A man accused of strangling two sexual partners during sex told a jury that extensive bruising around a girl’s neck was caused by lovebites, not choking.
Neil Scott-O’Connor, 24, is accused of choking both his 29-year-old ex-girlfriend and a 17-year-old girl he had a one night stand with, as well as assaulting them both and harassing and threatening to kill his ex.
He told a jury today that he had not been violent towards either of them and that he didn’t know why they were making the allegations.
The jury has also been told about a previous conviction he has for smashing up a car parked outside a 14-year-old girl’s house, where he pleaded guilty to criminal damage.
He had also been accused of threatening to slit the girl’s throat with a 12-inch knife during the same incident, when he was 15, but he was acquitted of that charge.
This morning at Brighton Crown Court, Scott-O’Connor was asked about the night in early December when the teenage girl had come to his house in Partridge Green.
The court has already heard that the morning after, she went to a friend in Crawley in distress and then told police he had choked her during sex and then assaulted her afterwards.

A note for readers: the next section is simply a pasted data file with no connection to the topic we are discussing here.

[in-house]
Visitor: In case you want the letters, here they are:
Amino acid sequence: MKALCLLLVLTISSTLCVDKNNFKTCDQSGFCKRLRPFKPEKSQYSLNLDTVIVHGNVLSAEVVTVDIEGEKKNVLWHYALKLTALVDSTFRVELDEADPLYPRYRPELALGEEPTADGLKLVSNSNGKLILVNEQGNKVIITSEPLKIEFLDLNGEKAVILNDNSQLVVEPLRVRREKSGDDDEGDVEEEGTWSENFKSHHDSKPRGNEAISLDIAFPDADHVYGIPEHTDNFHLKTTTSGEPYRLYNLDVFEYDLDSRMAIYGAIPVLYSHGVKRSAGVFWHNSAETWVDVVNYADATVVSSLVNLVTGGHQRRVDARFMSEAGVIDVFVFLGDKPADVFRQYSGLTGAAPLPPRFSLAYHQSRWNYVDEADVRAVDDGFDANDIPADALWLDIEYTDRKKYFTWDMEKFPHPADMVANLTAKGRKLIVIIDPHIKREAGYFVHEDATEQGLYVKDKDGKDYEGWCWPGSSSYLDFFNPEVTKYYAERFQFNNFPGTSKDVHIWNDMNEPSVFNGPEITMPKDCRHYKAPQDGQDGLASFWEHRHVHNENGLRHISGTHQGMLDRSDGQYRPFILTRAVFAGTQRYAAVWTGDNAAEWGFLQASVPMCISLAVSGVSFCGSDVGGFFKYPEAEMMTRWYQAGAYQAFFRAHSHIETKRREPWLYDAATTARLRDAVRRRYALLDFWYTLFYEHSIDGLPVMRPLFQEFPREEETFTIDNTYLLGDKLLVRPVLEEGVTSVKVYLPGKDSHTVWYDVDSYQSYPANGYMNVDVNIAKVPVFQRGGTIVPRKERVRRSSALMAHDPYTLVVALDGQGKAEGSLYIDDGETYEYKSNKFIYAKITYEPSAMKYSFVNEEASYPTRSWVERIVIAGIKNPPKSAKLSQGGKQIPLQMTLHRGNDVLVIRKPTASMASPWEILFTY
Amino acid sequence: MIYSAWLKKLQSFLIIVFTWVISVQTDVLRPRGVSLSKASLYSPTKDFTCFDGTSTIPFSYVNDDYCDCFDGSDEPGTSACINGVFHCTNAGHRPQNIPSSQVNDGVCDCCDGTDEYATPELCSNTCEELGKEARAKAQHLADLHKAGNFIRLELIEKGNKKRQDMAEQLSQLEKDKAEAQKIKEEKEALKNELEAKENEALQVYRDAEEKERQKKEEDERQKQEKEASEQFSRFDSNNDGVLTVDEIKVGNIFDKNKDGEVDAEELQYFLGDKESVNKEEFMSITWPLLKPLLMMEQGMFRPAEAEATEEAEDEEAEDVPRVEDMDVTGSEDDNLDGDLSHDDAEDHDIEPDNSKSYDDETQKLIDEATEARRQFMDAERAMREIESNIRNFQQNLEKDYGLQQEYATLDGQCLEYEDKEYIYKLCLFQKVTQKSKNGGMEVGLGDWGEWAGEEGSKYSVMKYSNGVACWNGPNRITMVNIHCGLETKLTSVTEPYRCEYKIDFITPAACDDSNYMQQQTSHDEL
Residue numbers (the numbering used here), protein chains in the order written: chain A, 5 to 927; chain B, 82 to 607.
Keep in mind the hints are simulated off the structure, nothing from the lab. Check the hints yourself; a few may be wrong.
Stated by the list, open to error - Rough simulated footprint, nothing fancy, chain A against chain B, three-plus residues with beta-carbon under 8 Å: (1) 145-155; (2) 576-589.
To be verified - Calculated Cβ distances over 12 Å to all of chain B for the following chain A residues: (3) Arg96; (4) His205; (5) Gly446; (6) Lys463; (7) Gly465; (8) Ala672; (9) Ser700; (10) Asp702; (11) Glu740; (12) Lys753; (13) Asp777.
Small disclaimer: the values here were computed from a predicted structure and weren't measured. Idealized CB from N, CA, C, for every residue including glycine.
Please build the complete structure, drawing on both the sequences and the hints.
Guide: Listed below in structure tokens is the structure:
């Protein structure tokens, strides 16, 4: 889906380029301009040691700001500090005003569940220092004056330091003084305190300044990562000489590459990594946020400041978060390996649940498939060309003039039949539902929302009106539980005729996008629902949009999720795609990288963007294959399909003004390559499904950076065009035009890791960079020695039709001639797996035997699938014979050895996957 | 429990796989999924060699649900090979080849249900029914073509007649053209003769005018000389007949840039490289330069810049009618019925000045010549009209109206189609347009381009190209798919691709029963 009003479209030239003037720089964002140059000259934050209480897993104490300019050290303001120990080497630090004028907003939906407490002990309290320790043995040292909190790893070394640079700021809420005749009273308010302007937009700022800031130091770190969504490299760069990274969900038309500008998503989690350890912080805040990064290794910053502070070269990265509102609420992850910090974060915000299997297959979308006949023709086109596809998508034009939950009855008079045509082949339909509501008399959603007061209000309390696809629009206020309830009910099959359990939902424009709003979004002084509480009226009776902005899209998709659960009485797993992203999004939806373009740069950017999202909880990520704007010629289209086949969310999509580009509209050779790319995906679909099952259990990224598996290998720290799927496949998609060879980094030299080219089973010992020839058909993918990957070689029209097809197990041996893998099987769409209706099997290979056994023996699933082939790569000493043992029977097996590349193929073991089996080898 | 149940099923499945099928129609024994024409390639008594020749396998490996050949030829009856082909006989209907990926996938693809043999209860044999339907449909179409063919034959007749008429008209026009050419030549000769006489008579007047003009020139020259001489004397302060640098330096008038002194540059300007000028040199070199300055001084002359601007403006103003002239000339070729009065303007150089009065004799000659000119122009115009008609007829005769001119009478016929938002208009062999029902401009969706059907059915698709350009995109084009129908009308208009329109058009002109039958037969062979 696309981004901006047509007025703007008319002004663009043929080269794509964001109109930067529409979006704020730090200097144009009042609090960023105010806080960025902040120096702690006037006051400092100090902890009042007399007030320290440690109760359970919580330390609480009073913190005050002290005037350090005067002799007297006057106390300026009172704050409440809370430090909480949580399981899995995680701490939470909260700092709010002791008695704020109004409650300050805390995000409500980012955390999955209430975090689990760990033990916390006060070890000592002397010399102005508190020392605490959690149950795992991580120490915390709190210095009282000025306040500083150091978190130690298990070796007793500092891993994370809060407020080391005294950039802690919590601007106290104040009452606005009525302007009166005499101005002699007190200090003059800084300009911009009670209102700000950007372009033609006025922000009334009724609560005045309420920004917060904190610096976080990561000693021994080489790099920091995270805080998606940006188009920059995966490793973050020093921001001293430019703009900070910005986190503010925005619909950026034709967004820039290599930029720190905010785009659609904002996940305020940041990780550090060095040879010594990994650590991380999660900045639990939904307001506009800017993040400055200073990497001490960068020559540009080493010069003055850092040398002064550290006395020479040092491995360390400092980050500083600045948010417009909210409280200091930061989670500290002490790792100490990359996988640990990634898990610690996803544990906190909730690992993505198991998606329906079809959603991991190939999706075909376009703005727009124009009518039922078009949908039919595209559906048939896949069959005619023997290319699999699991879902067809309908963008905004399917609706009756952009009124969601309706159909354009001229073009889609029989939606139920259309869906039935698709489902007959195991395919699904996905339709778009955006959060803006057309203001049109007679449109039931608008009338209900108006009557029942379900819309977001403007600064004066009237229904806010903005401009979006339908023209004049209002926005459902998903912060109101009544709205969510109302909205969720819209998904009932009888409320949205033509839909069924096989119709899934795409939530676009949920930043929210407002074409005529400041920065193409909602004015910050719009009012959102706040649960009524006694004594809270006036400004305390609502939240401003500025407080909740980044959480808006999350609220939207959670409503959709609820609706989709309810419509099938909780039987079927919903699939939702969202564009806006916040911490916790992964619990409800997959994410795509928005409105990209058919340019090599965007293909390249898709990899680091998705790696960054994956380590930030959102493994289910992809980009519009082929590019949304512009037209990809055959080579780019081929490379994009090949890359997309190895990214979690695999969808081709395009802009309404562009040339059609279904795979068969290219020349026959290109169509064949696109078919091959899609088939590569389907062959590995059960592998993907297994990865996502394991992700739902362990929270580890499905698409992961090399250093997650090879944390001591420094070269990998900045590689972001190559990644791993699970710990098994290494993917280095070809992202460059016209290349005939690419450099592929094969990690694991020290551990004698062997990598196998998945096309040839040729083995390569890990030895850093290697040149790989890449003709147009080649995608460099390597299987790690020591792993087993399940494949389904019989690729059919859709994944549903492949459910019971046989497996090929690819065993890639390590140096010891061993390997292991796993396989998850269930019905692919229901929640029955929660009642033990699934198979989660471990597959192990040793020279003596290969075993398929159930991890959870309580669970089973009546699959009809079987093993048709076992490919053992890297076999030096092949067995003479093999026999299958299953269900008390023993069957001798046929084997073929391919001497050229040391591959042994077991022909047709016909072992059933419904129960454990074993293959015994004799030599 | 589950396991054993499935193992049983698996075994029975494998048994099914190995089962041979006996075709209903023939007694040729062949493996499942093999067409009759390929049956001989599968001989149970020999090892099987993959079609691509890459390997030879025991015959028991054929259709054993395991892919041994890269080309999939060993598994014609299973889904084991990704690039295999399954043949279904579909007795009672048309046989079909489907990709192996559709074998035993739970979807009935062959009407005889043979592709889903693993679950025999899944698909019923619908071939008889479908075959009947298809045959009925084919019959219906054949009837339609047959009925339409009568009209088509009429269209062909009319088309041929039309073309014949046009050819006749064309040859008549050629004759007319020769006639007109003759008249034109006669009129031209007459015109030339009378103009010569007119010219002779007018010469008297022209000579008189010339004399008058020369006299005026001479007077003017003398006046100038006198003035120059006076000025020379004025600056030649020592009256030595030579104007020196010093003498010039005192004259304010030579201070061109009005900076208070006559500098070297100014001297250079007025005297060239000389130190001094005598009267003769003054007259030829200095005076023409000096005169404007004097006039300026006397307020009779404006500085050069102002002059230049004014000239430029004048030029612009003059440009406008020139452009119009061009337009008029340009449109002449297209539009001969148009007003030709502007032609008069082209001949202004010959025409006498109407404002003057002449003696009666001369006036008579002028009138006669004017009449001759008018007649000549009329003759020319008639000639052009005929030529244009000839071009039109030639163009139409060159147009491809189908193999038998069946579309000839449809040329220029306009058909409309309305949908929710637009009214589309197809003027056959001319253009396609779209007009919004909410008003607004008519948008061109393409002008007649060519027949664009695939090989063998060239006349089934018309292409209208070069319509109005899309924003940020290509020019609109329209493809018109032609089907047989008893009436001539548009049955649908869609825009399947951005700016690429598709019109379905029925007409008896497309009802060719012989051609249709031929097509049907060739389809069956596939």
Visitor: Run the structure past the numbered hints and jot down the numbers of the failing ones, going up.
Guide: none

But Scott-O’Connor said that although he had given her lovebites on her cheek, neck and other parts of her body, he had never put his hands around her neck.
He said: “The only part of me that touched her throat was my mouth when I was giving her lovebites.”
The girl told police that he had taken her phone from her when she arrived at his house, and that he had shown her a horror film, I Spit on Your Grave, which involved rape and strangulation fantasies.
Scott-O’Connor told the court he had just suggested she put her phone away but that she had access to it, and that they had watched five minutes of the film before giving up because it was “killing the mood”.
He also denied assaulting the girl, or choking, assaulting, harassing or threatening to kill his ex-partner at her home in Brighton.
Of the hour-long phonecall in which his ex-partner says he made a series of harrowing threats to her and her two-year-old son, he said: “That didn’t happen. The phonecall was a mutual talking about mistakes we had made and apologising to each other. It was emotional, but not aggressive.”
He was also asked about his second police interview, during which the prosecution said he was “rude, offensive and confrontational,” particular to female officers, giving an insight into his character.
He said: “I was quite stressed and I didn’t realise the significance. I came across as quite arrogant. If I had time to be collected and calm, I would have entered the situation differently.
“It came across as arrogant as I didn’t believe I had done anything wrong. I was possibly embarrassed that it was around having sex – put up a defensive block.”